They say Singapore Airlines (SIA) is a great way to fly. It is one of the safest ways too.
SIA has emerged as one of the world's top 20 safest carriers, with Australia's Qantas taking top spot for the third consecutive year in a ranking by AirlineRatings.com, an industry website that does various rankings, including that of service levels.
SIA's ranking is not known.
Except for Qantas, the other airlines in the top 20 were not given positions. Almost all of the other 18 airlines on the ranking by AirlineRatings.com operate flights to Singapore. They include Air New Zealand, All Nippon Airlines, Cathay Pacific, Emirates, Etihad Airways and Lufthansa.
The annual ranking, which started in 2013, also evaluated budget carriers. The top 10 included just two Asian airlines - Jetstar Australia and HK Express.
Top 20 safest airlines
(In alphabetical order)
•Air New Zealand
•All Nippon Airlines
•Cathay Pacific Airways
AirlineRatings.com said the top 20 full-service carriers including SIA "have always been at the forefront of safety innovation and launching of new aircraft".
It added that these airlines "have become a byword for excellence".
The rankings took into account several factors, including audits from aviation's governing bodies and lead associations as well as the airline's fatality record.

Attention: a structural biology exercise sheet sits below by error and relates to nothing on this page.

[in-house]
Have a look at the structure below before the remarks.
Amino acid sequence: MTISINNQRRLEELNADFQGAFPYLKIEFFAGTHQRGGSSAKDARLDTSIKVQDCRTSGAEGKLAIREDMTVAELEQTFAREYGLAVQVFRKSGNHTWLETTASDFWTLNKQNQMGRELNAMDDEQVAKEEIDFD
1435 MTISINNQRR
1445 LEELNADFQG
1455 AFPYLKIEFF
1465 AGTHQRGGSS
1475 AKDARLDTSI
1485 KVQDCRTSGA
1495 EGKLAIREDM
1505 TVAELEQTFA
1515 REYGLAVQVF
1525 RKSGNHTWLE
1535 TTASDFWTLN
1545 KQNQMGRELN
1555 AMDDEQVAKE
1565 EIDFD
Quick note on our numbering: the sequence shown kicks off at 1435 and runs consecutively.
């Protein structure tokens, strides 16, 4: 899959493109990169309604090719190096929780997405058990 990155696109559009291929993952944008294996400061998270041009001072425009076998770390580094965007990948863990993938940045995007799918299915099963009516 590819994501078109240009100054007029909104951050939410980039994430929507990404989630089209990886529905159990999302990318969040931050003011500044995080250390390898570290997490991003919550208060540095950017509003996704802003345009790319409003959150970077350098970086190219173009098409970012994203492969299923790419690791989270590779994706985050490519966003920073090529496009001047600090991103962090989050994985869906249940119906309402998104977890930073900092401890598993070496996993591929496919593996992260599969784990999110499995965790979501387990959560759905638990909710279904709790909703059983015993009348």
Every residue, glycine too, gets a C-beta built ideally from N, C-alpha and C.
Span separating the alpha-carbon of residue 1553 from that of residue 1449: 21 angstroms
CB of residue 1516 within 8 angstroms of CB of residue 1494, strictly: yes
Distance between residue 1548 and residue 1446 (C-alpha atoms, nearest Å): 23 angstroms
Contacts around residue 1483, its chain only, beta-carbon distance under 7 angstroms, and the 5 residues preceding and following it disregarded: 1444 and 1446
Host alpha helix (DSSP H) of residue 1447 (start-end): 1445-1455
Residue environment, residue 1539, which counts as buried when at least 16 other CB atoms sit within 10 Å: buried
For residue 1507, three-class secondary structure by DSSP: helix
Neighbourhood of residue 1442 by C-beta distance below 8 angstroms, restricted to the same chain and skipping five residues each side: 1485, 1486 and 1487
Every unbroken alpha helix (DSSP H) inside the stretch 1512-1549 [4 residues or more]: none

Each airline's operational history, incident records and operational excellence were also considered.
In all, 407 airlines were surveyed, with those from Indonesia, Nepal and Surinam in South America getting the lowest safety scores.
A spokesman for Qantas told The Straits Times: "This award belongs to the thousands of people at Qantas who make safety their No. 1 priority. It's also a reflection of the fact that everyone involved in aviation, from airlines to regulators and aircraft manufacturers, works to share learnings and make constant improvements to keep flying the safest way to travel."
For SIA, safety is a core value, said spokesman Nicholas Ionides. To promote safe practice and awareness among all staff, from engineers on the ground to pilots and cabin crew in the air, the airline has in place various training programmes and initiatives.
Despite several tragic incidents including the deliberate crash by a co-pilot of a Germanwings flight into the French Alps last March, the number of air accidents last year was actually below average. Last year's 16 air accidents and 560 fatalities were below the 10-year average of 31 accidents and 714 fatalities.
While flying has become safer, "the top priority for the industry is safety", said Mr Tony Tyler, director-general and chief executive of the International Air Transport Association, at a media gathering last month.